W – Progressive WHIST

Collage of Edelweiss women playing progressive whist.

In 1918 and 1919 thirty-seven young women, friends and neighbors of my grandmother Fannie Mae Turner were members of the Edelweiss Club in Montgomery, Alabama. These are snapshots from their lives, place and times.

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I did a quick survey on newspaper.com of the number of mentions “whist” received in Montgomery newspapers. I wanted to see how many people were playing, at least how many got their games into the newspaper. The Emancipator, the only black newspaper, reported 31 games of whist during 1918 and 1919. The Montgomery Advertiser, a white newspaper, reported 23 games during the same time and The Montgomery Times listed 7 games. When I added the word “progressive” there were 17 entries only from The Emancipator.

There was a graft on the side which showed that the number of mentions of “whist” was at a very low point before 1918 and that it peaked around 1920 and after a few years at the height, began going down, down, down. I pushed the years back and the resulting graph is below.

The link below gives directions for playing whist and defines progressive whist.

“Progressive whist or compass whist, is a competition format in which two players from each table move to the next table after a fixed number of games which are played to a fixed format e.g. with the designated trump suit changing each time.

Whist – Wikipedia

The Emancipator, May 2, 1919

Minnie Williams was born in Augusta, Georgia. She was one of the nine children of Edward and Catherine (McCord) Williams. Five of them survived to grow up. Her father was a carpenter and later worked on the railroad. Her mother didn’t work outside the home.

In 1910 Minnie was 16 and living with her older sister and her husband. Her sister was teaching, her brother-in-law was an minister. Minnie was teaching music. This is the second sixteen year old I have found teaching in Georgia. They lived in Waycross Georgia, where my grandfather Mershell was enumerated in 1910 as an auto mechanic working for the railroad.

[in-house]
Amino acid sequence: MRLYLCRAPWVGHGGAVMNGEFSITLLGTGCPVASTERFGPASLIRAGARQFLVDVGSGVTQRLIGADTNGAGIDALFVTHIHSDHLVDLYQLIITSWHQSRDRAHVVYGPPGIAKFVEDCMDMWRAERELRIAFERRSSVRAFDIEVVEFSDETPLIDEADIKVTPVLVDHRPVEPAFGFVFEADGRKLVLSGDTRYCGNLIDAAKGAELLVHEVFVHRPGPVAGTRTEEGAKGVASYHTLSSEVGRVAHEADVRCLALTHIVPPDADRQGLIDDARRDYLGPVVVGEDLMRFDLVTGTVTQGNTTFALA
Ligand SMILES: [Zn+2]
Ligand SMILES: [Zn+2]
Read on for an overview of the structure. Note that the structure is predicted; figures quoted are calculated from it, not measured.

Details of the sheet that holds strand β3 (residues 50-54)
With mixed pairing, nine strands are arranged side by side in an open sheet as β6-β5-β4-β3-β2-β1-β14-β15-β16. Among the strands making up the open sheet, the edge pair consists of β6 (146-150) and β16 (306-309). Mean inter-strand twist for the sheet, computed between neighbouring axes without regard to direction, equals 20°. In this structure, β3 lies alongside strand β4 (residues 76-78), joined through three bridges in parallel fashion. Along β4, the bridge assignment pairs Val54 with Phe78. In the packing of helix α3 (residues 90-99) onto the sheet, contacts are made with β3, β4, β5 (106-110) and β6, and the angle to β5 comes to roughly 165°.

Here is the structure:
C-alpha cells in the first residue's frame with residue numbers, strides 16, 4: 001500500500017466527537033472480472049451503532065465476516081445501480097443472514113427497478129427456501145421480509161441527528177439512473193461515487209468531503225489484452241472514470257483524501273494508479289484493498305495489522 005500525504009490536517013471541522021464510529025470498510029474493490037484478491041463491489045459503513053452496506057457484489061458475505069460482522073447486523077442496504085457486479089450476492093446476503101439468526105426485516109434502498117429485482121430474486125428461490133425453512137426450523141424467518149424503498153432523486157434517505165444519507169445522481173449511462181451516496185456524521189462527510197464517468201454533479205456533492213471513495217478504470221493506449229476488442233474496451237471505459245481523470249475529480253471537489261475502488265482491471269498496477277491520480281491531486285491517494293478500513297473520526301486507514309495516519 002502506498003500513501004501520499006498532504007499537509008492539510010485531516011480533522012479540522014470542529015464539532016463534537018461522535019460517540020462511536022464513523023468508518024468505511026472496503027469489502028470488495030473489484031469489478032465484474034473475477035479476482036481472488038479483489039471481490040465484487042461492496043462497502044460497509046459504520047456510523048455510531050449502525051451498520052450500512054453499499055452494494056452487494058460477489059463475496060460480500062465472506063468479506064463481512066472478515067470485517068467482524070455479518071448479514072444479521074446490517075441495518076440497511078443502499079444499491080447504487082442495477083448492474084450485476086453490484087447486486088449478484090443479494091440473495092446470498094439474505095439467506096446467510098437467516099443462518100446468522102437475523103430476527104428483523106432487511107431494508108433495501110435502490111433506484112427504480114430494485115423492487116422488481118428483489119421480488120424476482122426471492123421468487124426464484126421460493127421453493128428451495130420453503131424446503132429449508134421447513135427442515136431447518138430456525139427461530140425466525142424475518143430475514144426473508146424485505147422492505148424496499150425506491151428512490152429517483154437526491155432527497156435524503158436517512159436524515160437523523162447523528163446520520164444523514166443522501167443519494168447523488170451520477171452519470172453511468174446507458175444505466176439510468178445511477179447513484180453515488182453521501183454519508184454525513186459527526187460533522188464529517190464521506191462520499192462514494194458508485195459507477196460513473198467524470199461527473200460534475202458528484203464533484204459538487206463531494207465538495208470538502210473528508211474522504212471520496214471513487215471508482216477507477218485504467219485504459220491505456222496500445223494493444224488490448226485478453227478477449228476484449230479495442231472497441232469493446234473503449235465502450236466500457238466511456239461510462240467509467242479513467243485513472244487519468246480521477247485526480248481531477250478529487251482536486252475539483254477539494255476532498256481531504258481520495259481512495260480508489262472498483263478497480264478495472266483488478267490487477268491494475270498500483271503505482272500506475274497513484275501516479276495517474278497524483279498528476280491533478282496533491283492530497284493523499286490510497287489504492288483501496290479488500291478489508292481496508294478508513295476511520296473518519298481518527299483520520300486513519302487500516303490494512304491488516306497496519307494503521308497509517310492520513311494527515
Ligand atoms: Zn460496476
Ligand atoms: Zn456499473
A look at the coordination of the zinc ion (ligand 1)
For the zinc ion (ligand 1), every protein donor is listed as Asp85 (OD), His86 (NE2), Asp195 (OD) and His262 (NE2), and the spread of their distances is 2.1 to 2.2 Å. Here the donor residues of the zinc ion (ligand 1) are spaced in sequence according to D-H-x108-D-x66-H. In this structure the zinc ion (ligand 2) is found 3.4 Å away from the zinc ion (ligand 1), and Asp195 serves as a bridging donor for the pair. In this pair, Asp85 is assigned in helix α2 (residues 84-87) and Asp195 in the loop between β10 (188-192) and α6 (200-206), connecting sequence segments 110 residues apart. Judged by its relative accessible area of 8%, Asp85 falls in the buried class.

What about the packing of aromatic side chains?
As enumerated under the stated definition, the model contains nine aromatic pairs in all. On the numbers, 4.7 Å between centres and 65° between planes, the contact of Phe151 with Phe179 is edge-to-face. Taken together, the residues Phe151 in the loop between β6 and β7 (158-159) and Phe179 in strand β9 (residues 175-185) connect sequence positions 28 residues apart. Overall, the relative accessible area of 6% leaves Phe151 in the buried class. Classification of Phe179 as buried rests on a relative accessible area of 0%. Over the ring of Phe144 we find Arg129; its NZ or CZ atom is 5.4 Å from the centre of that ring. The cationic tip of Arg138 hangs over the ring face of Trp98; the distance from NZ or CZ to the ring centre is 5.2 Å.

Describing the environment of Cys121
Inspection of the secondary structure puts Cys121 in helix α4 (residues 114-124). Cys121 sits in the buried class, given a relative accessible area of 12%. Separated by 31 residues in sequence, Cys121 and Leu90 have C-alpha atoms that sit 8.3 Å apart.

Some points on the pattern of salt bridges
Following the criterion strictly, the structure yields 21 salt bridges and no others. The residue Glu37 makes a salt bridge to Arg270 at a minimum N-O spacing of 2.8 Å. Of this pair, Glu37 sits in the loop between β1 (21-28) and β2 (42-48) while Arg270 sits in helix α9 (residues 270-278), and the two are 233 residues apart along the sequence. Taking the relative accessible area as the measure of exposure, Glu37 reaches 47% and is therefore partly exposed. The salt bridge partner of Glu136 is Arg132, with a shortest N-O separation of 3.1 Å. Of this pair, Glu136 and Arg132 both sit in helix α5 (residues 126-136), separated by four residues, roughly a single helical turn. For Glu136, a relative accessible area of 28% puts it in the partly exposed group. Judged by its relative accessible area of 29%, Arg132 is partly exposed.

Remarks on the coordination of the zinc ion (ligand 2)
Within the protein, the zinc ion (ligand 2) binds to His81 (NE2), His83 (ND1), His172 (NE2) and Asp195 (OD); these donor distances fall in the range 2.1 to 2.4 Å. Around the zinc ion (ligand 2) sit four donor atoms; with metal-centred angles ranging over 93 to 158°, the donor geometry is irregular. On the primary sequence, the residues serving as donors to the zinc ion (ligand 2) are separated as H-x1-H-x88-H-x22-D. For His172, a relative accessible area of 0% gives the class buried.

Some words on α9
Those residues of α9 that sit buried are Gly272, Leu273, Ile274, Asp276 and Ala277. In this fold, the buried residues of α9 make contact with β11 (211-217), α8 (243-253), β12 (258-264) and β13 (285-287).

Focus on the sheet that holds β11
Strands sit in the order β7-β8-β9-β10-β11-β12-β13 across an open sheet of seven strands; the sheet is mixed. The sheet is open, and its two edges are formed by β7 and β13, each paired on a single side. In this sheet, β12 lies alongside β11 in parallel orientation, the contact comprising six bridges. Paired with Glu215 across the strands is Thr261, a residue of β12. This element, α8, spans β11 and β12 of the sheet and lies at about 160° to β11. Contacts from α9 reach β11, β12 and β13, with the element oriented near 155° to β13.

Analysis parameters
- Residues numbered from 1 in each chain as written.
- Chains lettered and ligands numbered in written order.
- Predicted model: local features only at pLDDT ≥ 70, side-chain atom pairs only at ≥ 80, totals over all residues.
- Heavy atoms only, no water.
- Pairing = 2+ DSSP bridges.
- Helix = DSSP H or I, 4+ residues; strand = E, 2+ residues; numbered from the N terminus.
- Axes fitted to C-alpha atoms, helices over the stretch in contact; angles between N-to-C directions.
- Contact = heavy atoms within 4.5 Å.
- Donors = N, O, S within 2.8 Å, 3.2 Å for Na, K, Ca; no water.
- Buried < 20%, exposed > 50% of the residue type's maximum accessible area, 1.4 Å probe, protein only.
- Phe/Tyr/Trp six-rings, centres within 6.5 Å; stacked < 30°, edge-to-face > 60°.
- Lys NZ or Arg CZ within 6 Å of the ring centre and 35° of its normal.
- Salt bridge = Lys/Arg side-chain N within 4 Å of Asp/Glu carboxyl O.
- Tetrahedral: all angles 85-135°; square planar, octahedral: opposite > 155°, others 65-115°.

Minnie was one of the teachers at Vesuvius School in 1919. She also hosted the Edelweiss Club at the home she shared her sister Lula Thomas and family. That year Minnie played the piano at a delightful luncheon where whist was played and Charlotte Ruse was served. She was socially active and could be found playing whist at various functions around town. She attended summer school at Columbia University in New York.

She eventually moved to Birmingham, Alabama, where we find her in the 1940 census teaching and sharing her home with her niece (also a teacher) and great niece. She had two years of college. And that is where we will leave her.

10 thoughts on “W – Progressive WHIST

  1. I love how you did a statistical analysis of whist in Montgomery then narrowed it down to progressive whist in the Emancipator. Progressive whist sounds like challenging fun — perfect for this group of professional yet social women.

    1. I wonder if the older generation was also playing cards in Montgomery. peak of whist playing in Montgomery was in 1907 when 230 games were reported in the two white papers. Since ther was no black newspaper in Montgomery at the time, we can only suppose the number of actual games was much higher.

  2. I have never player whist or seen it played. I will see if I can find a game in 2024! A 16 year old teacher was unexpected… she lived with her sister and then her niece. Never married?

  3. I’ve never played whist, and I don’t think I’d like it – I don’t like most partner card games. But I can see how it could be a great social activity for a group like this.

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